(Bloomberg) -- Poland lost the final round of its costly legal battle at the European Union’s top court over a controversial regime to discipline national judges who failed to toe the populist government’s line. 

The EU’s Court of Justice ruled on Monday that Poland’s reforms violated EU law. The defeat follows a simmering dispute with the EU’s executive arm over the rule of law in Poland that sparked record daily EU fines of €1 million ($1.1 million).

EU nations must “ensure that, in the light of the value of the rule of law, any regression of their laws on the organization of justice is prevented,” the court said. 

The law handed “monopolistic control” to a single body in Poland’s supreme court and threatened to weaken people’s fundamental right to justice when combined with “prohibitions and disciplinary infringements,” it said.

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The dispute has forced the populist government to backtrack on some of its reforms — seen by critics as a way to oust those who don’t back the populist Law & Justice party. 

Lars Bay Larsen, the EU top court’s vice president, recently cut the daily penalties in half, in recognition of changes made by Poland since the dispute erupted. But he stopped short of toppling the punishment completely, saying the government hadn’t yet fully complied with all requests.

Poland has so far failed to pay a cent of its bill, which currently stands at €556.5 million. That’s led the European Commission to withhold €360 million from EU funds earmarked for the nation, for the period between November 2021 to October 2022. 


The daily fines will stop accruing following the pronouncement of the EU court’s ruling. “However, this does not affect Poland’s obligation to make the daily penalty payments due in respect of the past,” the court said Monday.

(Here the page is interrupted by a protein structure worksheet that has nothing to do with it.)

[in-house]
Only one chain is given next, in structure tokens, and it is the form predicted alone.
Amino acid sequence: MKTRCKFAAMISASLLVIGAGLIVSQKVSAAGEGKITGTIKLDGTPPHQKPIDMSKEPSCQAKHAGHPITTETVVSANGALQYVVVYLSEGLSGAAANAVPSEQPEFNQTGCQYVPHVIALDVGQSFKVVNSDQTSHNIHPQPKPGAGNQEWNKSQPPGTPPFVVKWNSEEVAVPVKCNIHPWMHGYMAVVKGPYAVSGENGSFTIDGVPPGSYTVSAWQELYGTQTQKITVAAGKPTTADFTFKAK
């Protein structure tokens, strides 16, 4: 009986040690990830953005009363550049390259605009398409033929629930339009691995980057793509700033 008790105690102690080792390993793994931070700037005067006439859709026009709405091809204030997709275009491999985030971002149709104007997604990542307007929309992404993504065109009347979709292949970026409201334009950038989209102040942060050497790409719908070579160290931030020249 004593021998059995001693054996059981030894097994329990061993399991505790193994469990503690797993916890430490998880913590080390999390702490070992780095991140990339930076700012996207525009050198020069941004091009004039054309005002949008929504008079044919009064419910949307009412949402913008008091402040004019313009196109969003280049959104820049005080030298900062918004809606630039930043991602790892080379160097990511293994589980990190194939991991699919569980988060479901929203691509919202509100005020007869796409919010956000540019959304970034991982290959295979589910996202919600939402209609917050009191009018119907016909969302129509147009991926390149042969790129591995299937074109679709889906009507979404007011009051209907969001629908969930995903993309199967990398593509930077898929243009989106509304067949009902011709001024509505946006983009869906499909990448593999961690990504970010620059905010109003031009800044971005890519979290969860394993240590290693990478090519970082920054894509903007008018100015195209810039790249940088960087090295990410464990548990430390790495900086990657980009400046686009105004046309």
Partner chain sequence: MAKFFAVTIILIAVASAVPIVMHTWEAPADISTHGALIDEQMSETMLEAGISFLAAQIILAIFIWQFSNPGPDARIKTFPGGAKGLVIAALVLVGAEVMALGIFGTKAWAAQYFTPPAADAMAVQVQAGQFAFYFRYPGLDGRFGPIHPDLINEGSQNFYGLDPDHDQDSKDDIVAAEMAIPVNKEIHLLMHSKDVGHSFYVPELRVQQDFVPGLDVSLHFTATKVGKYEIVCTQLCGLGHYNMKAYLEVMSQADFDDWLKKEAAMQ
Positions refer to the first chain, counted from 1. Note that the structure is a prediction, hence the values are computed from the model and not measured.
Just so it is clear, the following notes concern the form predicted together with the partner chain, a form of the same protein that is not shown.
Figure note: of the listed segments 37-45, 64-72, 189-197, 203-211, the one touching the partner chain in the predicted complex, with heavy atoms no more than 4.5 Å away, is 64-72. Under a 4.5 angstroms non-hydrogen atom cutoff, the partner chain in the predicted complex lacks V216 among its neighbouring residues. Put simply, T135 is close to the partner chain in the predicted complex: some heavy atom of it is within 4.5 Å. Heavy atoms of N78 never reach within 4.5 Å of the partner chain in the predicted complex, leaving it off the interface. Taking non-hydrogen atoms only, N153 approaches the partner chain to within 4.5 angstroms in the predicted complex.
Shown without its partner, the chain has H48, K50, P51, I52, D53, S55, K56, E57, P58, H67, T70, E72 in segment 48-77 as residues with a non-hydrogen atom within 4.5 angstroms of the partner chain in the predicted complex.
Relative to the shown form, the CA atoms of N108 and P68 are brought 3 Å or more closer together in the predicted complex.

Polish Deputy Justice Minister Sebastian Kaleta criticized the ruling, saying on Twitter that the EU’s top court doesn’t have the authority to assess the organization of the judiciary of a member state.

EU Justice Commissioner Didier Reynders said in a separate statement that the commission had “made its point on the law clearly and firmly: it undermines the independence of Polish judges” and that “after today’s decision, the law on the judiciary will need to be adapted accordingly.”

While Poland may disagree with the commission, it can’t ignore the court’s binding ruling, Reynders said, recalling that the EU Court of Justice “has the final say” on how EU law is applied and urging Poland “to comply fully.”

The government’s u-turn earlier this year — passing legislation to reverse some of the contested changes in the judiciary — gave rise to hopes that the bitter rule of law feud could be wrapped up. 

Such hopes could now be thwarted after Poland passed a new law last month that allows its ruling party to probe opposition leader Donald Tusk ahead of elections later this year. This would create a special committee to probe alleged Russian meddling in Poland, with unprecedented powers that could also possibly prevent officials from pursuing public office.

The move “raises serious concerns in terms of conformity with EU law,” Reynders told lawmakers last week, saying the EU won’t hesitate “to take action.”

Polish President Andrzej Duda on Friday proposed measures to soften parts of the legislation in an attempt to defuse the row.

The case is: C-204/21, European Commission v. Republic of Poland.

--With assistance from Piotr Skolimowski and Piotr Bujnicki.

(Updates with Poland, EU responses from ninth paragraph)

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